GOOD

This Cancer Survivor Is Taking Hilarious Selfies With Her (Actual) Amputated Foot

"The doctor thought I was joking but I was serious and was like ‘No, I really do want it back.’”

After suffering through a fight with cancer which led to an amputated foot, Kristi Loyall hit the doctors up with a pretty bizarre request – she wanted to keep the foot. Remarkably, the medical staff indulged her, and after shipping it off for sterilization, Kristi was reunited with her old foot, though probably not in the manner she would have preferred.

(In case you’re wondering what kind of company prepares amputated limbs for their return to their original owners, it’s a company called Skulls Unlimited, which de-fleshes and articulates bones for collections and preservation.)


That was in 2011. Now, in 2016, she’s showing off her hijinks and adventures with her removed limb on the Instagram account onefootwonder.

Obviously, the account is very tongue-in-cheek, but she also created it to share the daily struggles of what cancer fighters and beaters must endure. And it’s her hope that the humor she projects from these ridiculous photos will also help those afflicted by giving them a dose of positivity and laughter under circumstances that are normally lacking in both.

She says, “I just started taking it to places and putting in it funny positions so I could make a joke about. - It makes me feel better to be able to look on the funny side of things and make other people laugh as well. Everything that comments says really kind things."

When she got the foot back, she knew she had to do SOMETHING with it, and her cousins weighed in with the winning idea. She recalls to Inside Edition, “My cousins friend had the idea of starting an Instagram and I thought it was a brilliant idea.”

I’m not sure how I’m pressed we should be by this accolade, but judging by the post below, she was awarded “Best Instagram Account” recently by a...water taxi company. That’s a sufficiently random honor, given the subject matter of the account, isn’t it?

Health

Some beauty pageants, like the Miss America competition, have done away with the swimsuit portions of the competitions, thus dipping their toes in the 21st century. Other aspects of beauty pageants remain stuck in the 1950s, and we're not even talking about the whole "judging women mostly on their looks" thing. One beauty pageant winner was disqualified for being a mom, as if you can't be beautiful after you've had a kid. Now she's trying to get the Miss World competition to update their rules.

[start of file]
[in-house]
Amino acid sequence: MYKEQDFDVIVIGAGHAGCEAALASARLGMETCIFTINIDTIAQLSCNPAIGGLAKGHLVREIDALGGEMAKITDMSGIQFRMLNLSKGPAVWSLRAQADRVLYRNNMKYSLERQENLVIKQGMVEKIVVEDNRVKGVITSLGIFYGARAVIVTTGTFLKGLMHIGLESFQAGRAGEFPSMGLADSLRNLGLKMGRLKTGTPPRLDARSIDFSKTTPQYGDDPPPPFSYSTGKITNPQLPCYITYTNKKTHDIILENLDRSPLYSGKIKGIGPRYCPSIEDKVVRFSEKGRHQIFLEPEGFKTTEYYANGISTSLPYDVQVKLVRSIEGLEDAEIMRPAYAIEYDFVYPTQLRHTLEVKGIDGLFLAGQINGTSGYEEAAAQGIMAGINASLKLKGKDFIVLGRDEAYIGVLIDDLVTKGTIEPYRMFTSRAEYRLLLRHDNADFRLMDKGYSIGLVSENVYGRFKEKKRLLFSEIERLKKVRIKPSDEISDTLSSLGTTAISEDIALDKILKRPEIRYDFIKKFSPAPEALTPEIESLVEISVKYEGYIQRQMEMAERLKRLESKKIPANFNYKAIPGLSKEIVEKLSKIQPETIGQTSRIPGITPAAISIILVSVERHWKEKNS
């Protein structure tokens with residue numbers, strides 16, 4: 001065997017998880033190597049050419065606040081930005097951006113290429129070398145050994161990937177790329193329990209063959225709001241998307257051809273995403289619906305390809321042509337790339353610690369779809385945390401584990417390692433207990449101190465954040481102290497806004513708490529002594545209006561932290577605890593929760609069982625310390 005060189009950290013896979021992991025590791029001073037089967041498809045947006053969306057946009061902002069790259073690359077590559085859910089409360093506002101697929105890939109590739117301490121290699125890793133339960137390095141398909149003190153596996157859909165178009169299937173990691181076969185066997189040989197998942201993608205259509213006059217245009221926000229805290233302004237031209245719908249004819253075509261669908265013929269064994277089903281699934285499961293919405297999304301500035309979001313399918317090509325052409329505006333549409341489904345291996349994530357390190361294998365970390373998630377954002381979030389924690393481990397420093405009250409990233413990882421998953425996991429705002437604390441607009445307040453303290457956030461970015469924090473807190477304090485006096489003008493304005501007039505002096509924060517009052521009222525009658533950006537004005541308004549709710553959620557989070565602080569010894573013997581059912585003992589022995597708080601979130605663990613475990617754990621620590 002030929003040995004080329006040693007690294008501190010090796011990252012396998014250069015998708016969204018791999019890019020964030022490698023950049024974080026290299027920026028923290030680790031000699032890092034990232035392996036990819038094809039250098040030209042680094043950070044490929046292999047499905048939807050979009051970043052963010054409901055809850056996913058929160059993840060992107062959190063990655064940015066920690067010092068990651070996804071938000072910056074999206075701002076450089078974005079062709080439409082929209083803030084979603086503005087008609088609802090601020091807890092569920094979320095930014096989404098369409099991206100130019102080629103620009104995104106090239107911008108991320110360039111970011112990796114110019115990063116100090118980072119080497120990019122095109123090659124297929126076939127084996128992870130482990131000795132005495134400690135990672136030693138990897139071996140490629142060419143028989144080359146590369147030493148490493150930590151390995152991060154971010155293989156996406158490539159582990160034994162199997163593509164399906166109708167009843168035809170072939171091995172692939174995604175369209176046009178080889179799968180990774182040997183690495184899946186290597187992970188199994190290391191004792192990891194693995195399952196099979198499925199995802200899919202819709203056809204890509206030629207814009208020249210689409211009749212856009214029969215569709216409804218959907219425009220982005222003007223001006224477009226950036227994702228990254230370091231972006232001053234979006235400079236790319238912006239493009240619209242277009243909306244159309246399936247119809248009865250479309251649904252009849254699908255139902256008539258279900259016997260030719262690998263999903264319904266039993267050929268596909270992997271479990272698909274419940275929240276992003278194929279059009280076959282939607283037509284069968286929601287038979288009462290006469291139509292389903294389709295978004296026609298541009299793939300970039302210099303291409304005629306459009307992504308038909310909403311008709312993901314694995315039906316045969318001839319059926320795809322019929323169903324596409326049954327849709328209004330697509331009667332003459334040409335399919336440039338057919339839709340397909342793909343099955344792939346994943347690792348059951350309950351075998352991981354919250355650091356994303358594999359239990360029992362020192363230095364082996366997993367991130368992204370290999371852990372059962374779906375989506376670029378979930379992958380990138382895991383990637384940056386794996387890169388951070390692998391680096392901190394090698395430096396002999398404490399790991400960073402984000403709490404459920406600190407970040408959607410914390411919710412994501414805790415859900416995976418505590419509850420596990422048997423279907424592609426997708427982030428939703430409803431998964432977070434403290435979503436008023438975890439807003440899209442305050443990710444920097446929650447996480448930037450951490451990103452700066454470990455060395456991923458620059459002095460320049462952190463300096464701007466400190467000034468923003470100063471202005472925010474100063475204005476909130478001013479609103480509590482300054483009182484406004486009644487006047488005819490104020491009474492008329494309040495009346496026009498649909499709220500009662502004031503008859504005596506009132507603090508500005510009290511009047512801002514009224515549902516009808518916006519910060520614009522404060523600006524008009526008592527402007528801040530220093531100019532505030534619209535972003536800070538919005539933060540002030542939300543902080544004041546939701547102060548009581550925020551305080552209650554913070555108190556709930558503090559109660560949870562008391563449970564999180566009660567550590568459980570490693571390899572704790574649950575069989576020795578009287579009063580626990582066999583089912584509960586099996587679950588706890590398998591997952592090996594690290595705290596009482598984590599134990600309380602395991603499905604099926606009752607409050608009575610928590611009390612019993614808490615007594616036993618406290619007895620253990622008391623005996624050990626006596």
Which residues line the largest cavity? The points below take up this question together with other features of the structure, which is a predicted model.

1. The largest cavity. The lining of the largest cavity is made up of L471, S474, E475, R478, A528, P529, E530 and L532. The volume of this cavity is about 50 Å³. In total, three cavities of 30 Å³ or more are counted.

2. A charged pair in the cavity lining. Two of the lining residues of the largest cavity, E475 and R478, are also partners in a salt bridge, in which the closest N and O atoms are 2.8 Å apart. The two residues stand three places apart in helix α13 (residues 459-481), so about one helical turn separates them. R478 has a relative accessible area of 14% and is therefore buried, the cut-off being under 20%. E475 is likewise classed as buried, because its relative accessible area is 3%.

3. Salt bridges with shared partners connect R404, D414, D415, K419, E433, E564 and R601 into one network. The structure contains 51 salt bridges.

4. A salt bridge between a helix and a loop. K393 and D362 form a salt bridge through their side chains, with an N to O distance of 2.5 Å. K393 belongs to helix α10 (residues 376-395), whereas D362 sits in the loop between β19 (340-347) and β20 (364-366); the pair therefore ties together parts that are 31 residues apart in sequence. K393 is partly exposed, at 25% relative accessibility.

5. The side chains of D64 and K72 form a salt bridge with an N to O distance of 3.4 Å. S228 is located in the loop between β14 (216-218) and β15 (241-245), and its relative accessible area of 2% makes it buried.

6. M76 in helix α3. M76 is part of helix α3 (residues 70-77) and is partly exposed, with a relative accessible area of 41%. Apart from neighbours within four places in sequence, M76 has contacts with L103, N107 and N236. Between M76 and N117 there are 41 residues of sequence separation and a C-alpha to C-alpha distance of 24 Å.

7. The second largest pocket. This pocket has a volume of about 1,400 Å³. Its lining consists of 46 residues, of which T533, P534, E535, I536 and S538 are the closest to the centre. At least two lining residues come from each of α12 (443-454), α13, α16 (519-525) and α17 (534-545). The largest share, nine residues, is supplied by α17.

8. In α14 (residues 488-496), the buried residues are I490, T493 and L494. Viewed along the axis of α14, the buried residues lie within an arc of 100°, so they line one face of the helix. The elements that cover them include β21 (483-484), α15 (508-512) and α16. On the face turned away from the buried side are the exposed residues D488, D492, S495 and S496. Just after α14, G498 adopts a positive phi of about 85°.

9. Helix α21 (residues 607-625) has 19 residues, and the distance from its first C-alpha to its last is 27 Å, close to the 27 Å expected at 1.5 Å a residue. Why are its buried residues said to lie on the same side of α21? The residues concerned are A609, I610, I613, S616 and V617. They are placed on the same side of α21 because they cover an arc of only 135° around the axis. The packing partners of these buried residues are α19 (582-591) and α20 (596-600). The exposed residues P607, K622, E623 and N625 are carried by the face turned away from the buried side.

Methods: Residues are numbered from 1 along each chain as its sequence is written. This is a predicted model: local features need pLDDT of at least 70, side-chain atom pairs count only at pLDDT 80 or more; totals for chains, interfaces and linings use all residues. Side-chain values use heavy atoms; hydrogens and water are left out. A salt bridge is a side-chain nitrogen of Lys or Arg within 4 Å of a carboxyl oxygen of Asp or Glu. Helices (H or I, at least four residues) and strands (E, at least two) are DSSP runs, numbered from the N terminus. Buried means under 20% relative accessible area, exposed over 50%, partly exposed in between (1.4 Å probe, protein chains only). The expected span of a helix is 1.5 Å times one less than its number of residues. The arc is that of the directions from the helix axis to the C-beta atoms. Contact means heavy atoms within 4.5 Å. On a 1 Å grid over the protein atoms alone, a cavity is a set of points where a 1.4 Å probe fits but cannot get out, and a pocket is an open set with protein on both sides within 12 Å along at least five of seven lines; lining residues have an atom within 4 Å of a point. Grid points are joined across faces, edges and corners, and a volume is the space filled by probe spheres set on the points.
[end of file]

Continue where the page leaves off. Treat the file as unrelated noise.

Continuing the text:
Veronika Didusenko won the Miss Ukraine pageant in 2018. After four days, she was disqualified because pageant officials found out she was a mom to 5-year-old son Alex, and had been married. Didusenko said she had been aware of Miss World's rule barring mother from competing, but was encouraged to compete anyways by pageant organizers.

Keep Reading Show less

One mystery in our universe is a step closer to being solved. NASA's Parker Solar Probe launched last year to help scientists understand the sun. Now, it has returned its first findings. Four papers were published in the journal Nature detailing the findings of Parker's first two flybys. It's one small step for a solar probe, one giant leap for mankind.



It is astounding that we've advanced to the point where we've managed to build a probe capable of flying within 15 million miles from the surface of the sun, but here we are. Parker can withstand temperatures of up to 2,500 degrees Fahrenheit and travels at 430,000 miles per hour. It's the fastest human-made vehicle, and no other human-made object has been so close to the sun.

Keep Reading Show less
via Sportstreambest / Flickr

Since the mid '90s the phrase "God Forgives, Brothers Don't" has been part of the U.S. Military Academy at West Point's football team's lexicon.

Over the past few years, the team has taken the field flying a black skull-and-crossbones flag with an acronym for the phrase, "GFBD" on the skull's upper lip. Supporters of the team also use it on social media as #GFBD.

Keep Reading Show less
Culture